The latest historian’s interpretation of Napoleon’s biggest defeat
It’s amazing that the invasion of Tsarist Russia in 1812 is the subject of another and quite different interpretation of the main causes that contributed to Napoleon’s crushing defeat after the burning of Moscow.
Here is an excerpt from that book – Russia Against Napoleon: The True Story of the Campaigns of War and Peace by Dominic Lieven recently published by Viking Books:
Still, Lieven has a serious argument to make, and he makes it persuasively. “One key reason why Russia defeated Napoleon,” he writes, “was that her top leaders out-thought him.” As early as 1810, it became clear to the Tsar and his men that the fragile French-Russian alliance would soon collapse, and that Napoleon would invade. They understood that the French emperor would attempt to destroy the Russian army in series of quick major battles, so as to force the country into political subordination. In response, they planned for “a war exactly contrary to what the enemy wants,” to quote a key memorandum from 1812: namely a strategy of “deep retreat” to exhaust and deplete the French, followed by a full counter-attack that would bring Russia’s massive armies back into the heart of Europe, and ultimately (along with its allies) to the gates of Paris.
In 1812-1814, Lieven argues, the Russians followed this strategy, and with brilliant success. In doing so, they could count on several key resources, including superior cavalry (in some ways, Lieven nicely quips, the greatest Russian hero of the war was the horse), and the masses of serfs who were ruthlessly conscripted with little hope of seeing their homes again. In 1812-1814 alone, the Russian army conscripted some 650,000 men. Thanks to their status as semi-slaves, they were cheap, receiving pay equal to only 1/11th of what British soldiers received.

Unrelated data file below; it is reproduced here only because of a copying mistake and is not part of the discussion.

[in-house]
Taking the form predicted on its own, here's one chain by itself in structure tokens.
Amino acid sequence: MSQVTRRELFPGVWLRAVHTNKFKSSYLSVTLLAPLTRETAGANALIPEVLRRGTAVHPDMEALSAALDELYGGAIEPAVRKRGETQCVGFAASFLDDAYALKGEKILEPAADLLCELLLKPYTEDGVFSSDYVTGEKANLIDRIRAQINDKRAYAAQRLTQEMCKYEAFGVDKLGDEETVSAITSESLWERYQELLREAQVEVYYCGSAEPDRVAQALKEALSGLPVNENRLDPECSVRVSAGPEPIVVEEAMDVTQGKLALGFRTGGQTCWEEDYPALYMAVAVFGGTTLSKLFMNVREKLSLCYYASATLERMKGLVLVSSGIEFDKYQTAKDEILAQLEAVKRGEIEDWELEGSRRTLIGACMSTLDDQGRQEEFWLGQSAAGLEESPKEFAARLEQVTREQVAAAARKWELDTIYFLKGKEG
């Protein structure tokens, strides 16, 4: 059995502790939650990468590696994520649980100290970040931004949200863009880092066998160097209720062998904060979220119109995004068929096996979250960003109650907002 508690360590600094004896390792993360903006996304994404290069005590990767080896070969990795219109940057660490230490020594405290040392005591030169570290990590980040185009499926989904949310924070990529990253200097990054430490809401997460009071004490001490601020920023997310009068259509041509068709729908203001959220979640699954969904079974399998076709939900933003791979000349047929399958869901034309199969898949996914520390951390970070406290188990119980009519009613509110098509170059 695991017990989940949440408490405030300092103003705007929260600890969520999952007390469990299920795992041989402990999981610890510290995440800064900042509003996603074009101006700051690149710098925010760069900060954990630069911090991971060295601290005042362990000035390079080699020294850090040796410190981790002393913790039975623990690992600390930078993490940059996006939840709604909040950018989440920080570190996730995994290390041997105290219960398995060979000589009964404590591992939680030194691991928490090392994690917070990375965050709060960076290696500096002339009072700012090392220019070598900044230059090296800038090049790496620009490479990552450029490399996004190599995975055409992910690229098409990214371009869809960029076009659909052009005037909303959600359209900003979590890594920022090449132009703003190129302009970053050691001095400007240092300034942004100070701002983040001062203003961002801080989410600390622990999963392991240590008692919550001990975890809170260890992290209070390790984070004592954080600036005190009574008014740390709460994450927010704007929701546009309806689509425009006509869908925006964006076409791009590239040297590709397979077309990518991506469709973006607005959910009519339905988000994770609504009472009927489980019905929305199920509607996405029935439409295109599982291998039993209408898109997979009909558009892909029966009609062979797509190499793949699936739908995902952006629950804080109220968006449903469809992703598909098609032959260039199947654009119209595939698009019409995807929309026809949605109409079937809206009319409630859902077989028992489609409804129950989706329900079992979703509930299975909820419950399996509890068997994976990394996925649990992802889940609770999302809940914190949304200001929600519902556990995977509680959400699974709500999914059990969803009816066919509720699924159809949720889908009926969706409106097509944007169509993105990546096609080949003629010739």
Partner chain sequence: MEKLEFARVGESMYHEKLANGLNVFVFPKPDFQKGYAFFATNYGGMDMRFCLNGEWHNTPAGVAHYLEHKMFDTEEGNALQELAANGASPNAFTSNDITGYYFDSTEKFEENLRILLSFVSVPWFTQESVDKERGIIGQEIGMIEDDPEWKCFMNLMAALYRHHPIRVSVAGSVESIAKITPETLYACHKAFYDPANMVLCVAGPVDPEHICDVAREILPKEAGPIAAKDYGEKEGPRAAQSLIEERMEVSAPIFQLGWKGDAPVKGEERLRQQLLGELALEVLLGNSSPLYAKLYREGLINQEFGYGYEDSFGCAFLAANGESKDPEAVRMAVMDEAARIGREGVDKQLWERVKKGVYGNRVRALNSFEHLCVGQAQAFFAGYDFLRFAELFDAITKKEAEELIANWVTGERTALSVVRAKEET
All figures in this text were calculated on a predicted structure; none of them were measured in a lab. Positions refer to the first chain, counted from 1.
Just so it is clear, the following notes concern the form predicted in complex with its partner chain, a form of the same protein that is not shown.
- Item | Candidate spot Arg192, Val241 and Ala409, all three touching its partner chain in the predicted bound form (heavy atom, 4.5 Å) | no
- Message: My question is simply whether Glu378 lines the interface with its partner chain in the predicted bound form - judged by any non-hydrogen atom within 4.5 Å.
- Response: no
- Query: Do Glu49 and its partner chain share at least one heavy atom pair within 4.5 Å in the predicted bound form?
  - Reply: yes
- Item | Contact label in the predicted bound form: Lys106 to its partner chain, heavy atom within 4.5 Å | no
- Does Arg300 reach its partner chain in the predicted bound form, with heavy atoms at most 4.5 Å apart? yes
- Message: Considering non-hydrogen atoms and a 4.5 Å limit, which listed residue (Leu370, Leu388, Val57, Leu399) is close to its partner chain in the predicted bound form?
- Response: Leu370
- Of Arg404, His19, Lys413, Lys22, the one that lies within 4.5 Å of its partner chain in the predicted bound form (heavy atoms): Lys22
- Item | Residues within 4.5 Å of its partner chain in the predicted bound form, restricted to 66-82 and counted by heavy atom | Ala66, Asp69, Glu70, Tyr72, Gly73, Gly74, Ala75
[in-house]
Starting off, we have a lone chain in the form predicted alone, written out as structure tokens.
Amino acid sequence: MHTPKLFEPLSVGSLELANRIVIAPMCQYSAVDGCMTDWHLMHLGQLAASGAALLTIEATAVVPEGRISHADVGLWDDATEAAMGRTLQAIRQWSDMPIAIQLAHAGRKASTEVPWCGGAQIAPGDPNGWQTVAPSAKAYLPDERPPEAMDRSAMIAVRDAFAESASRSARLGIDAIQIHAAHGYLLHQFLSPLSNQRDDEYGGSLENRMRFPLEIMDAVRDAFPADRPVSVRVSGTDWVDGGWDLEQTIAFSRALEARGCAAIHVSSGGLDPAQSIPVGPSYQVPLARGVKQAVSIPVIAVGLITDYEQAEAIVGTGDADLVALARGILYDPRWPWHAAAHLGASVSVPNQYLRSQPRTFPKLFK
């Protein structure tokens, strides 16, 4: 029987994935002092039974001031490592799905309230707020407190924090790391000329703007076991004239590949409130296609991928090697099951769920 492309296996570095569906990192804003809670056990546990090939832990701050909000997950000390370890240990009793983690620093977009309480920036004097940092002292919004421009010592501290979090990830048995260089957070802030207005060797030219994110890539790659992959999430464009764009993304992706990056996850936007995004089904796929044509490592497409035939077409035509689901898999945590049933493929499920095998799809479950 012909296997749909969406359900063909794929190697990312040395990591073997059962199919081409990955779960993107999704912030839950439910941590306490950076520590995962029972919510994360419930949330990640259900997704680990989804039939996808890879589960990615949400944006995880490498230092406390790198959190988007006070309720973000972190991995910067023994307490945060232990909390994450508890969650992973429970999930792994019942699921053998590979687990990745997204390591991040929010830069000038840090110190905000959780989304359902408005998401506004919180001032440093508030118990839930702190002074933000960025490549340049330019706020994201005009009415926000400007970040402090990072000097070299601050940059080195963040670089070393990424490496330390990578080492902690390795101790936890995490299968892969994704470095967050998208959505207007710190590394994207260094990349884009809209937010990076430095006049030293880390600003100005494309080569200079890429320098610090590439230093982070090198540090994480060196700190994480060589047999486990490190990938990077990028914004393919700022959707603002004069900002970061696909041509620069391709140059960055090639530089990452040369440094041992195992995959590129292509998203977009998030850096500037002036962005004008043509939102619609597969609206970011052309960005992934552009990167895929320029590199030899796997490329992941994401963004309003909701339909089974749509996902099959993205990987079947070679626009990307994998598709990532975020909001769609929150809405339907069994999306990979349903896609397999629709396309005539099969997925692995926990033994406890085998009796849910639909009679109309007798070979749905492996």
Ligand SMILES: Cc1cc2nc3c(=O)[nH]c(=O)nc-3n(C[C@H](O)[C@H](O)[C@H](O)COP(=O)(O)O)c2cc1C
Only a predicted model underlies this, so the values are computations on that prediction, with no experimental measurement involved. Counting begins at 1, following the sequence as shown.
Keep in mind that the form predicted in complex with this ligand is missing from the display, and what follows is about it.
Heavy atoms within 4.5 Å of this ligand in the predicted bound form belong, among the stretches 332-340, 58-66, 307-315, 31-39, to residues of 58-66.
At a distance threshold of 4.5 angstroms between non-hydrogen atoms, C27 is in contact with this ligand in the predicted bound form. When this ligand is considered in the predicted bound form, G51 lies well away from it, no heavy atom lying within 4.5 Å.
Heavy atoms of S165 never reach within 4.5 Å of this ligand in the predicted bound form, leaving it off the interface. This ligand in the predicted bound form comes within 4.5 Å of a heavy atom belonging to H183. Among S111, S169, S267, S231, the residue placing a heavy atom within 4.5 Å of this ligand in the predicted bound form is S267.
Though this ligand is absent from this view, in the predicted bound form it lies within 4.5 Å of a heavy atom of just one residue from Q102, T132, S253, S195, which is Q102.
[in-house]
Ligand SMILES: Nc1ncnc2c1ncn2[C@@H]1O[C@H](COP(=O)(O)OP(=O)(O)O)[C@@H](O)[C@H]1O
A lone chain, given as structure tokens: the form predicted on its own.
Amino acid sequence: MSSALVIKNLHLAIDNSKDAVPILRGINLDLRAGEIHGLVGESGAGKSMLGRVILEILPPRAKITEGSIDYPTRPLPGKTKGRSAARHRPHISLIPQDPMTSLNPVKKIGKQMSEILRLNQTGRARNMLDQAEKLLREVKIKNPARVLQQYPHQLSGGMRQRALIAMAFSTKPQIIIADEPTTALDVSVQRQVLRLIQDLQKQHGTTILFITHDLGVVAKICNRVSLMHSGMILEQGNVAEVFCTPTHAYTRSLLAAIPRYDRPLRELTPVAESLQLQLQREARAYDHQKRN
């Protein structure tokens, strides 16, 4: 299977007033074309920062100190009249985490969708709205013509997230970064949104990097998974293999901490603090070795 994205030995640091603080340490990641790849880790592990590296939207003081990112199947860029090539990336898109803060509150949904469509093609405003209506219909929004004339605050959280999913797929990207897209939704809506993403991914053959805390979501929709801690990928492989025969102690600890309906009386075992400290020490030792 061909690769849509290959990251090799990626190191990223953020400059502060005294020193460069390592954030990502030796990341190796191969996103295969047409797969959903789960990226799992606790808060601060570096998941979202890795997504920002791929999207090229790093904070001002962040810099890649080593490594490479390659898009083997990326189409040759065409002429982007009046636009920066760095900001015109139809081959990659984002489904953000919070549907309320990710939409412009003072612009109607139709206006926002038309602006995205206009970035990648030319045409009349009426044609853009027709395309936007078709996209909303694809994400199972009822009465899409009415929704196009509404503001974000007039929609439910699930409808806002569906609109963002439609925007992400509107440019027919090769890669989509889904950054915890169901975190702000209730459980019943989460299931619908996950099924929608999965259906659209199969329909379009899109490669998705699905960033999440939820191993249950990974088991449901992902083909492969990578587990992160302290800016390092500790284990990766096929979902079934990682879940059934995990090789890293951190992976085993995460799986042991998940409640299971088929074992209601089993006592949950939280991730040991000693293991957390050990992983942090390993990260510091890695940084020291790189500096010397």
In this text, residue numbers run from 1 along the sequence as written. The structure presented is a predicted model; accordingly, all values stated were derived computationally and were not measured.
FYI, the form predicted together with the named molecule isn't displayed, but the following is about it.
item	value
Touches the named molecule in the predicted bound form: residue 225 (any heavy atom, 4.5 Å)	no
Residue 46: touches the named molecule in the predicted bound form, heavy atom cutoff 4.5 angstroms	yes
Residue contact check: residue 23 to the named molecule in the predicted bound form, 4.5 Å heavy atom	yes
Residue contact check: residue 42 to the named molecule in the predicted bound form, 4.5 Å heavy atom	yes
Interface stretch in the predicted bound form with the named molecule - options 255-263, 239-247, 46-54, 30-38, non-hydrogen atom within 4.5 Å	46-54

Finally, and in sharp distinction to Tolstoy and the Russian nationalist historians of the conflict, Lieven believes that the “aristocratic, dynastic and multi-ethnic” qualities of the Russian empire constituted a real strength as well. In particular, he highlights the effective cooperation of the nobility and the tsar, and the key role played by military officers of foreign descent, especially Germans from the Baltic states such as his ancestor. (They made up 7 percent of all Russian generals.) While he gives due credit to Tolstoy’s idol Kutuzov, he reserves his greatest praise for the war minister and then supreme commander Mikhail Barclay de Tolly, the descendant of Baltic Germans and Scots.
Another interesting side of this book is that one of Lieven’s forebears was a general in the Russian military.
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